What's New with Arc Flash Standards

One example: Employees will be required to be retrained at intervals not to exceed three years.

The National Fire Protection Association (NFPA) 70E Standard for Electrical Safety in the Workplace has been around since 1979. The sections related to electric arc flash were introduced back in 2000. NFPA 70E is an important standard for protecting industrial electrical workers from the very dangerous affects of electric shock and arc flash. There have been many revisions, additions, and improvements related to arc flash safety over the years, and the 2012 edition is no exception. It includes a number of changes both to better clarify the intent of various sections and to provide additional protection measures. However, even changes that are intended to help clarify can often cause initial confusion, simply because they are changes. This article will review some of the changes that have raised questions and may need explanation.

The first change of note, and potentially the most confusing, was the replacement of the terms "flame-resistant" and "FR" with the term "arc rated." The purpose of this change was to eliminate the use of flame-resistant garments that use a type of fabric labeled as flame-resistant/FR that has not been arc tested and therefore does not have an arc rating. These fabrics have been tested for flame resistance using standards that have nothing to do with arc flash protection, but because they use the term FR, they have occasionally found their way into the market.

An example of a 70E section where FR was changed to arc rated is in section 130.7(C)(6), which previously read, "Body Protection. Employees shall wear FR clothing wherever there is a possible exposure to an electric arc flash...." The revised section in the 2012 edition reads, "Employees shall wear arc-rated clothing wherever there is a possible exposure to an electric arc flash...." This change forces the fabric to have been arc tested and the garment to be labeled with an arc rating shown as either the Arc Thermal Performance Value (ATPV) or Energy of Breakopen Threshold (EBT). The confusion comes in when users do not see the term arc rated on the garment. In the end, an FR garment that has an established arc rating shown on its label meets the new requirement. The standard does not require the use of the term arc rated; it simply requires there be an arc rating for the product. This is a pretty straightforward change, but someone reading it for the first time could naturally look for the words arc rated on a label.

Another significant change was combining Hazard Risk Category (HRC) 2 and 2*. The deleted HRC 2* was a little-discussed category that had a subtle but major difference from HRC 2. That difference was the requirement to have full head protection by using either a flash suit hood or a combination of an arc-rated faceshield and arc-rated balaclava. By combining these two categories, all HRC 2 tasks will now require full head protection.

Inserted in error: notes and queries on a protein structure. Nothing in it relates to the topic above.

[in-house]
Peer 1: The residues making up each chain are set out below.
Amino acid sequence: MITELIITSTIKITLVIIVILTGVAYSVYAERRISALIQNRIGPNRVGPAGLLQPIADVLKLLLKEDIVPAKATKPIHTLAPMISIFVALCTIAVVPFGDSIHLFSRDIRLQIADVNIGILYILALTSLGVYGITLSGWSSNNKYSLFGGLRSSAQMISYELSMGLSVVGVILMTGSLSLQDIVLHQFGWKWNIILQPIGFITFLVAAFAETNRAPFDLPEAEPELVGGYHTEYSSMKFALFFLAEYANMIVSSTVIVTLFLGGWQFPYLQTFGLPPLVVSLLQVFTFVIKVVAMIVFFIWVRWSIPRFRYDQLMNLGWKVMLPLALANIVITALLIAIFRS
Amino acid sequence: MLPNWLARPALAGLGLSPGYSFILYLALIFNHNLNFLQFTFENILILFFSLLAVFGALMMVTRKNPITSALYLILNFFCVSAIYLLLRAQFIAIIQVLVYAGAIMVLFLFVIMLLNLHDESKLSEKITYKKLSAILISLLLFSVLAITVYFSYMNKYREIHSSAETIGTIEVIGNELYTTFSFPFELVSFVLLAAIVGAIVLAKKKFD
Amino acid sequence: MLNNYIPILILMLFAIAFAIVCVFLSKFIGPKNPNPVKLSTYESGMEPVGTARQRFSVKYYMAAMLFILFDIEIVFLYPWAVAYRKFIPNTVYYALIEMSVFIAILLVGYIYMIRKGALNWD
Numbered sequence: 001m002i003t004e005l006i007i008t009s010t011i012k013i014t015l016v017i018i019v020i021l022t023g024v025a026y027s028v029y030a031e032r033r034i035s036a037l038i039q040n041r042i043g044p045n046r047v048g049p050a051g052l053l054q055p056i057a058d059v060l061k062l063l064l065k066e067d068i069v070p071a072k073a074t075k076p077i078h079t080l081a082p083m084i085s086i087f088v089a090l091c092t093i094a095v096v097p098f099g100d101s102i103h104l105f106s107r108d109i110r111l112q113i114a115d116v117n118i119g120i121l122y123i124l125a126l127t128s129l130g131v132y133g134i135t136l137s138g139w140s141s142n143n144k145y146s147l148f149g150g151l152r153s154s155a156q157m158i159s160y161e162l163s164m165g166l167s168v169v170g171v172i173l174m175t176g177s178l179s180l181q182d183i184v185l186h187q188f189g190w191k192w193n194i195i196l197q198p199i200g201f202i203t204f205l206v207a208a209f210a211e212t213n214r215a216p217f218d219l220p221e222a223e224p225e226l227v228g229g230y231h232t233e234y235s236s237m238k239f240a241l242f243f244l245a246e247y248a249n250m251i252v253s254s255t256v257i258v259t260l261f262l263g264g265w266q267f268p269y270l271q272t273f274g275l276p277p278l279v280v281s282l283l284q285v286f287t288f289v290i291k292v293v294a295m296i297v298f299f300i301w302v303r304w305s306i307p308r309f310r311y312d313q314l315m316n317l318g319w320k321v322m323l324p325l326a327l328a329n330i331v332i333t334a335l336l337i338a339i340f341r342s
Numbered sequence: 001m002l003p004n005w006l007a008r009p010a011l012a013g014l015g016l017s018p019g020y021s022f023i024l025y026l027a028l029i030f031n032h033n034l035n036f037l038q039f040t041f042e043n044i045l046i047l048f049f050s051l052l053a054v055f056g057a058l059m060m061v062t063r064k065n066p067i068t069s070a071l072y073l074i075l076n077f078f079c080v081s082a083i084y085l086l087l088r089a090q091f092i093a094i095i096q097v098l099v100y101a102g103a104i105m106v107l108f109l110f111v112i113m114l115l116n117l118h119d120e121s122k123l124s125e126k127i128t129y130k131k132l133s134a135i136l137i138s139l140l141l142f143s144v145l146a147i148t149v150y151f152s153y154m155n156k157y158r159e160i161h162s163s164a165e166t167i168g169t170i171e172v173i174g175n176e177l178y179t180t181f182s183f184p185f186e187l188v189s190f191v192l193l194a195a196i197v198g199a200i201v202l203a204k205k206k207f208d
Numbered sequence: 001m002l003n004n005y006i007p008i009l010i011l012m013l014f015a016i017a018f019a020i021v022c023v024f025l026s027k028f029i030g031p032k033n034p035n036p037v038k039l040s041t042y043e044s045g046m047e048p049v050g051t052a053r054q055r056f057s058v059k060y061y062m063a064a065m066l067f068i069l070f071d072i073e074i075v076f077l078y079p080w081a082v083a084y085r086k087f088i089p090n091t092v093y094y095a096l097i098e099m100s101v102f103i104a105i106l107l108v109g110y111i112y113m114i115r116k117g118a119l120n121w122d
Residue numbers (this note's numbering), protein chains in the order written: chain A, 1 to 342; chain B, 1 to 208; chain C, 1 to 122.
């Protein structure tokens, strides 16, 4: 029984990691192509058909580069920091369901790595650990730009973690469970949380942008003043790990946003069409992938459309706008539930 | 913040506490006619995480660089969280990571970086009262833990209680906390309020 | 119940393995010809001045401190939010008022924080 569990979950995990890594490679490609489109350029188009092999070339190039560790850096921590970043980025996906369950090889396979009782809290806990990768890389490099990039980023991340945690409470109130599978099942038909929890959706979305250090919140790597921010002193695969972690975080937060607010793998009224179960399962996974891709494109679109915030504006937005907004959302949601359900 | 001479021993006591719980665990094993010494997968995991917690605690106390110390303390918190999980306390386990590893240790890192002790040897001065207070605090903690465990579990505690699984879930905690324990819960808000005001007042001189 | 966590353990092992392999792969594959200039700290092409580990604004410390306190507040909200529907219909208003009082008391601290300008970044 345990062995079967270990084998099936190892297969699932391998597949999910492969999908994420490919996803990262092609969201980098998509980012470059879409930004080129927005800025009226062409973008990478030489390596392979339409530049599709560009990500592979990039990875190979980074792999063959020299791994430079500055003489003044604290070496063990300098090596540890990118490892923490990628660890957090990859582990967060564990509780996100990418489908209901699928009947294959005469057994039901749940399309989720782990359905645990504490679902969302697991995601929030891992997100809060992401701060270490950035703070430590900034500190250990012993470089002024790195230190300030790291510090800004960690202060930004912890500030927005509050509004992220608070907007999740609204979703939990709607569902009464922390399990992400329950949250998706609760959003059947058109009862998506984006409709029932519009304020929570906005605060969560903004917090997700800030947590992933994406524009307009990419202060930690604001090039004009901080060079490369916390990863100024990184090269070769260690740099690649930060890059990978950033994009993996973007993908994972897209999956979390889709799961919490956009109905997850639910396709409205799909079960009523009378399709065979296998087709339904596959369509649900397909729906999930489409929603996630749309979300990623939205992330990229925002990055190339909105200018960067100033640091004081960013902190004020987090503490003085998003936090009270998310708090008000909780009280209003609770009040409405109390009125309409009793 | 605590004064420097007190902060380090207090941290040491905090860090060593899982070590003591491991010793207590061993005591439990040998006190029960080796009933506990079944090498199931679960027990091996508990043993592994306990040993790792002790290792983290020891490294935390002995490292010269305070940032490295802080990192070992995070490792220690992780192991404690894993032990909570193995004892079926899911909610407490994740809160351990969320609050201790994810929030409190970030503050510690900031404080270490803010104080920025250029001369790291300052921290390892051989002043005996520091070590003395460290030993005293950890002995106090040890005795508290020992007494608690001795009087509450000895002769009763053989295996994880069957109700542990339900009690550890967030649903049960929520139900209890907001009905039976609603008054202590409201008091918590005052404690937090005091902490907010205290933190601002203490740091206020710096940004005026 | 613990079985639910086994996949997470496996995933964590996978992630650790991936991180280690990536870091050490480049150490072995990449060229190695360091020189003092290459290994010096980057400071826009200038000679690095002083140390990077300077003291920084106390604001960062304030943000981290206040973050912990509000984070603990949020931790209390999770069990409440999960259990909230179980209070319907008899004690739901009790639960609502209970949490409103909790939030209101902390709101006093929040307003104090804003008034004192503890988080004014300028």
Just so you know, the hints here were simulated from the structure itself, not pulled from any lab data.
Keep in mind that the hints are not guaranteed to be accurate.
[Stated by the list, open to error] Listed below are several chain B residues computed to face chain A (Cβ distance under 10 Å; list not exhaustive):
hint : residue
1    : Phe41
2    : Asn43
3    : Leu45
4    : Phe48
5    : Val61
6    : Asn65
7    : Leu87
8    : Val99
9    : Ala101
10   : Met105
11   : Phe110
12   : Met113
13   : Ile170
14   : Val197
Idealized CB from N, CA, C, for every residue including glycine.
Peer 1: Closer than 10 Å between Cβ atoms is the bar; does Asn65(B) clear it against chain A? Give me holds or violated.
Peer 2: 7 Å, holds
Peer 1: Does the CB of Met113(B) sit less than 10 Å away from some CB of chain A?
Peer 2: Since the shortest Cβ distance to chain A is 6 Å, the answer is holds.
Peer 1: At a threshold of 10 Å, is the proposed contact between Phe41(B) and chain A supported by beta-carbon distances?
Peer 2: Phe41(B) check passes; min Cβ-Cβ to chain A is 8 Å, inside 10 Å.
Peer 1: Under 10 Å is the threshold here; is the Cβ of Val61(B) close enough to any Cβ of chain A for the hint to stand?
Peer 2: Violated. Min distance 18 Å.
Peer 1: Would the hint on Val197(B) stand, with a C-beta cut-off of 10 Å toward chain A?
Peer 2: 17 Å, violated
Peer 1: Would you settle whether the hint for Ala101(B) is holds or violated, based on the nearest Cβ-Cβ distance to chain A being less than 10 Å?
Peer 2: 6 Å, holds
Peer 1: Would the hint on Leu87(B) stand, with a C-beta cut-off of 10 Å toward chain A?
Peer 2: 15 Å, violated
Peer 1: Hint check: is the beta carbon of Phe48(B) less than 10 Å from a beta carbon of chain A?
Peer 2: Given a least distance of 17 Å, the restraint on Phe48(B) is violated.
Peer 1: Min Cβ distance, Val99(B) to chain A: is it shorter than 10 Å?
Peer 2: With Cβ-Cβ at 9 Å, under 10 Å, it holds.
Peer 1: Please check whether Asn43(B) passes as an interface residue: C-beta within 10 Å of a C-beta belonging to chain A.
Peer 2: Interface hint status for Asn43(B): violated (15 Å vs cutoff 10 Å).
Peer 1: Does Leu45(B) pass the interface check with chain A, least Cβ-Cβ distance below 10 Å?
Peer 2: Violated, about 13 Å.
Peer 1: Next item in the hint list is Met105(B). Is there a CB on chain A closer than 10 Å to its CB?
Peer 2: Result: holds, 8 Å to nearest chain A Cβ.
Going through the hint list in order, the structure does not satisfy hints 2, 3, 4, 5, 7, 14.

You can see in the tables below the difference between the 2009 edition and the 2012 edition.

Table 130.7(C)(16) (2009 Edition)

Hazard/Risk Category/Protective Clothing and PPE
Hazard/Risk Category 2
FR Clothing, Minimum Arc Rating of 8 (Note 1)
/Arc-rated long-sleeve shirt (Note 5), Arc-rated pants (Note 5), Arc-rated coverall (Note 6), Arc-rated face shield or arc flash suit hood (Note 7), Arc-rated jacket, parka or rainwear (AN)

FR Protective Equipment/Hard hat, Safety glasses or safety goggles (SR), Hearing protection (ear canal inserts), Leather gloves (Note 2), Leather work shoes

Hazard/Risk Category 2*
FR Clothing, Minimum Arc Rating of 8 (Note 1)
/Arc-rated long-sleeve shirt (Note 5), Arc-rated pants (Note 5), Arc-rated coverall (Note 6), Arc-rated arc flash suit hood (Note 7), Arc-rated jacket, parka or rainwear (AN)

FR Protective Equipment/Hard hat, Safety glasses or safety goggles (SR), Hearing protection (ear canal inserts), Leather gloves (Note 2), Leather work shoes

Table 130.7(C)(16) (2012 Edition)

Hazard/Risk Category/Protective Clothing and PPE
Hazard/Risk Category 2
Arc-Rated Clothing, Minimum Arc Rating of 8 (see note 3)
/Arc-rated long-sleeve shirt and pants, or arc-rated coverall; Arc-rated flash suit hood or arc-rated face shield (see note 2) and arc-rated balaclava (Note 7); Arc-rated jacket, parka, rainwear or hard hat liner (AN)

Protective Equipment/Hard hat, Safety glasses or safety goggles (SR), Hearing protection (ear canal inserts), Heavy-duty leather gloves (see Note 1), Leather gloves (Note 2), Leather work shoes

A New Retraining Requirement
There also has been a change in the arc flash boundary distance requirements that will require more analysis to establish. Where previously the arc flash boundary for voltages between 50 and 600 volts was specified at 4 feet, now working at 50 volts or greater requires an analysis to determine at what distance the incident energy equals 1.2 cal/cm2. That calculated distance will establish the distance at which a worker could be exposed to that incident energy.